I reviewed the attachments and the persons writing them must be on drugs!  Seven to ten year cycles are ridiculous and selling 5′, 6′ and 7’max trees is a dream that will not come true!  All have time and expense of monitoring but then lack the hours to call IPM, show to IPM, buy and apply spray, or cut out bad trees!  They are all growing in the land of milk and honey.  None have an “oh *&%$#” late frost that kills a years growth! All show constant dollars!  Where is real world inflation?  Where is liability insurance? Repair tools?  All imply accuracy to either the penny, or the dollar!  None reflect the real world repairs, dealing with nests of yellow jackets, woodchucks, deer, etc.  None show time to drive for parts, supplies, Urgent Care, IPM and grower schools.  None show cost of Grower Organization membership.  None show time and expense of applicator license, etc.  None show office mgt time, and tax prep time.  None show time to market trees, time with buyers marking trees, and to carry trees that haven’t sold.  None show winterizing and storing equipment, etc etc.  None show serious rain gear and gloves, none show safety equipment: chain saw gloves, chaps, helmet, shoes and boots.  None show Comp Ins, and other insurance and permits to legally hire help; nor a discussion of the risks of hiring “under-the-table” help we are forced into at small farms.

1- WP article: costs too low
2- PA article: very good write up at start; costs to the penny imply accuracy to the penny!!  Costs do NOT reflect minimum quantity of material that can be purchased; repair costs way too low and lacks repair hours, where is the machinery the fuel is burned in?
3- Oregon: 90% 6-7!? market wants 8+; 1500/ac!!  must have roads; Repair on tractor @ $.5 & truck @ $.15; while backpack @ $2.14, elev at $12, and baler @ $18????  Tractor and trk way too low (in 40+ yrs my only back pack repair was a lost tip); need insurance on shop: five years to 6-7′ Gr 1???  No mowing? Again implied accuracy to a penny!!  Assumes market to sell all trees at 6-7′ at decent price!!
4- Kentucky: starts great and then: again no roads with 1200/ac, again done in 7 yrs, too much machinery that is only used once and the prices shown are for very used equipment so there needs to be money in tools and parts.  Fifth year pruning with sale sized trees in 16hr?? coloring with a 4g backpack in 4 hr!!  All mowing with a tractor with 3.5′ bush hog in full sized trees!!  and selling 6-7′ in five years, won’t happen since that bush hog is going to ruin lower branches (especially at 6×6 planting) selling 5′ & 6′ trees!!!??? demand is 8 – 10 and up.  again no repair hours.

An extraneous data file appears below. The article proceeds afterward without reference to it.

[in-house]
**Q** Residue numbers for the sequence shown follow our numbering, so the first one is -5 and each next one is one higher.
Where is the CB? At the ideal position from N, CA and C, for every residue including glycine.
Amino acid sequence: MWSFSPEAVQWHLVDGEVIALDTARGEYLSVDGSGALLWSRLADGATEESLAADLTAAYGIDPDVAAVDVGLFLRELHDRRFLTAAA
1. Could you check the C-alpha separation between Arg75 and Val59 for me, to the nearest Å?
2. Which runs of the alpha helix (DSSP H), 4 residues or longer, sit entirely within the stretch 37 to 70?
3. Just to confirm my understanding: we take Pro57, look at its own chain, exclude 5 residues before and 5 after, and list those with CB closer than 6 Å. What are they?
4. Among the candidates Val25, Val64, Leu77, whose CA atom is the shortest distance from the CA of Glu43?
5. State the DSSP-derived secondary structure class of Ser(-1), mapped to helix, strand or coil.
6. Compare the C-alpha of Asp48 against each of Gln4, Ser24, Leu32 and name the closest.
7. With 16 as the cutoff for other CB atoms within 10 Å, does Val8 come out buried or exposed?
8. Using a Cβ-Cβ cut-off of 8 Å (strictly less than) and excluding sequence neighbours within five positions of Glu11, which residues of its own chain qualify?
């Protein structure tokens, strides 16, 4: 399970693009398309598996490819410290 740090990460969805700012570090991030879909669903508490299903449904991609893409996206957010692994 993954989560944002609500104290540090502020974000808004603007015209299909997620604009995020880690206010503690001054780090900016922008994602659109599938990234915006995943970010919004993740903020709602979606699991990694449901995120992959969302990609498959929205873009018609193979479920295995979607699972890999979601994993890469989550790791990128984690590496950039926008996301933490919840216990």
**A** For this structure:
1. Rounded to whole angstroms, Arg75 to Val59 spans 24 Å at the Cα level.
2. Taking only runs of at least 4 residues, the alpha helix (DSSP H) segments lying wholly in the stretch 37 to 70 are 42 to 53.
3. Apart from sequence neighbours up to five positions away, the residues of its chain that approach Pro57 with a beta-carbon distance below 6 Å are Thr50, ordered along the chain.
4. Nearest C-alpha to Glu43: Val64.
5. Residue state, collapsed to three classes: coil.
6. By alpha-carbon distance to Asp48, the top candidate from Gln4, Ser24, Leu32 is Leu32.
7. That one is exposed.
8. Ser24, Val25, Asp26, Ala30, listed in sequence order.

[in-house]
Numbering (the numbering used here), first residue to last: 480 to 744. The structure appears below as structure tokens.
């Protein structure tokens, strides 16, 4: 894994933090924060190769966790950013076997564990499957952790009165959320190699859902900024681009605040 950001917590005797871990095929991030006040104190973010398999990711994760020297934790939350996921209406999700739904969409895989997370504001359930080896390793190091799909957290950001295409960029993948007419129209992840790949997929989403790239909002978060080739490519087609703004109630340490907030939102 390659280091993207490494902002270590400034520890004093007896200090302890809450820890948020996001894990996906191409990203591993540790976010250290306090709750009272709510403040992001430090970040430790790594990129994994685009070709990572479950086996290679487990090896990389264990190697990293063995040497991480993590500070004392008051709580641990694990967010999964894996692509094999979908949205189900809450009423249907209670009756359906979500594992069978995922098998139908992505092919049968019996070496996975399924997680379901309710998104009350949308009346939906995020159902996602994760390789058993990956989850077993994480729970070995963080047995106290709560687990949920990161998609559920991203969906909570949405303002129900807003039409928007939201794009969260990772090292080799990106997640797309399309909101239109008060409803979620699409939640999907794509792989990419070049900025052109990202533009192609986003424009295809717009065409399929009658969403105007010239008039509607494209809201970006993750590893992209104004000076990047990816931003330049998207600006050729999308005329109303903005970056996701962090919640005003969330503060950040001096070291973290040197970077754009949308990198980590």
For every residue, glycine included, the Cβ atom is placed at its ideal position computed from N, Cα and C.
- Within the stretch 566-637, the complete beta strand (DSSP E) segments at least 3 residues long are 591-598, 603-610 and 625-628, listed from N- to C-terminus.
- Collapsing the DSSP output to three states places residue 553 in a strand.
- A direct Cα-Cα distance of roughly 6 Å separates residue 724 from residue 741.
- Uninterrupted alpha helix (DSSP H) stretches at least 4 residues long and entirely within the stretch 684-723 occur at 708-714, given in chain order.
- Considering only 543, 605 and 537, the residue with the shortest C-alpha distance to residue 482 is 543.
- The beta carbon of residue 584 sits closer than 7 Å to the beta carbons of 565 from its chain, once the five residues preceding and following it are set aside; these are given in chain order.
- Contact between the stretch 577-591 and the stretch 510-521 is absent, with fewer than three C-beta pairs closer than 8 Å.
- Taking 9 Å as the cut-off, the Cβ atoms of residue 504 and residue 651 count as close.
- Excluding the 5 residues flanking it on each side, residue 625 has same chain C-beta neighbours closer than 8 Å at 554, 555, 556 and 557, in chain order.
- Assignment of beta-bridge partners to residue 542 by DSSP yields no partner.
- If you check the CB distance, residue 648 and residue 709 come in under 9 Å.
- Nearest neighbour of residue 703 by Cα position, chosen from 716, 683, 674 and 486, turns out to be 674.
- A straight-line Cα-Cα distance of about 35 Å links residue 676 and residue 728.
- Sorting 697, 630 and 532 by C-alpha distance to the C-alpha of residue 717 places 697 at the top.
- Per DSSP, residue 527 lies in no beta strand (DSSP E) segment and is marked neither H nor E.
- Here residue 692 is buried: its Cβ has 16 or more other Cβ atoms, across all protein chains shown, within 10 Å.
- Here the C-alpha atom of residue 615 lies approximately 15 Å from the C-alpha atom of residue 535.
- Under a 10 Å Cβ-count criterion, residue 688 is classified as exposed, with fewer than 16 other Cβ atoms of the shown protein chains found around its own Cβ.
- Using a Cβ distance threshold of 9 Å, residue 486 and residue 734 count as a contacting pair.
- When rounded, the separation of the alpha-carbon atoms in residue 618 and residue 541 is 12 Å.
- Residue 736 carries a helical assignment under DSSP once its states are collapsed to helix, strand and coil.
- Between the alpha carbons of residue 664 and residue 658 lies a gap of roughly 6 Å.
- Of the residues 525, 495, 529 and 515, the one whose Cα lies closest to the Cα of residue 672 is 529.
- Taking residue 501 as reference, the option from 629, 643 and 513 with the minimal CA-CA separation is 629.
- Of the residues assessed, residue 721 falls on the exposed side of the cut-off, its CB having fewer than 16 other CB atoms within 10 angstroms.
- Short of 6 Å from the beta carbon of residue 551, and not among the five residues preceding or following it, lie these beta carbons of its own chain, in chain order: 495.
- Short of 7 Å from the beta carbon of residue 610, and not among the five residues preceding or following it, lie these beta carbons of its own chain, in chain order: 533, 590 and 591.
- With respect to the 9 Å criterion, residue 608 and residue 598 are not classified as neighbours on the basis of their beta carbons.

Have a great week!


Greenhouse IPM Update 2.12.17

How did it get to be February?!  And almost Valentine’s Day?  A great excuse to buy flowers and plants….maybe tomatoes?  They are ‘love apples’ after all.

Instead of thinking ‘babe magnets’ how about pest magnets – those plants that always get an insect pest first.  The best thing about them?  They are great places to scout to find out who’s bugging you early before populations rise.  Michigan State has a handy list of insect magnets.

Ball Hort has a large collection of upcoming and recorded webinars on pest management topics, among other things.  Root rot, mites, nematodes, weeds – what’s not to love?  And several are aimed at nursery operations, too.

Want a home grown webinar series?  We (Brian’s in there, and John and Neil and Jud Reid and more) are putting on webinars aimed at training Extension Educators (those folks who help you get questions answered) in greenhouse and high tunnel vegetable crop IPM.  They will be archived shortly after they are completed.  Here are the topics to come:
Feb 16: In-ground fertility/water management – Judson Reid
Feb 23: Production factors for greenhouses and high tunnels that relate to IPM – Amy Ivy
Mar 2: Disease management in greenhouses and high tunnels – Brian Eshenaur/Amy Ivy
Mar 9: Insect management in greenhouses and high tunnels – John Sanderson
Mar 16: Weed management in greenhouses and high tunnels – Betsy Lamb
Mar 23: How to write/use an IPM plan – Betsy Lamb

A note from an MSU newsletter that is worth keeping an eye out for:
With respect to disease, there has been documentation of strains of Pythium found in Michigan greenhouses that are resistant to mefenoxam (Subdue MAXX). Growers should be documenting rates and timing of pesticide applications and be making notes on efficacy.

Sierra Biologicals – a producer of beneficial nematodes –  is moving to the Buffalo NY area.  Cool!  We’ll keep an eye out for them and their products.

Some nutrition basics videos: Part 1 and Part 2 – good for a cold damp night like tonight!

Sneaky orchids? Okay, I’m a bug and plant geek, and think this is cool from the plant’s point of view, but don’t get me one of these for Valentine’s Day, please!

Enough for today! Stay warm and have a great week!


Christmas tree IPM update 1.30.17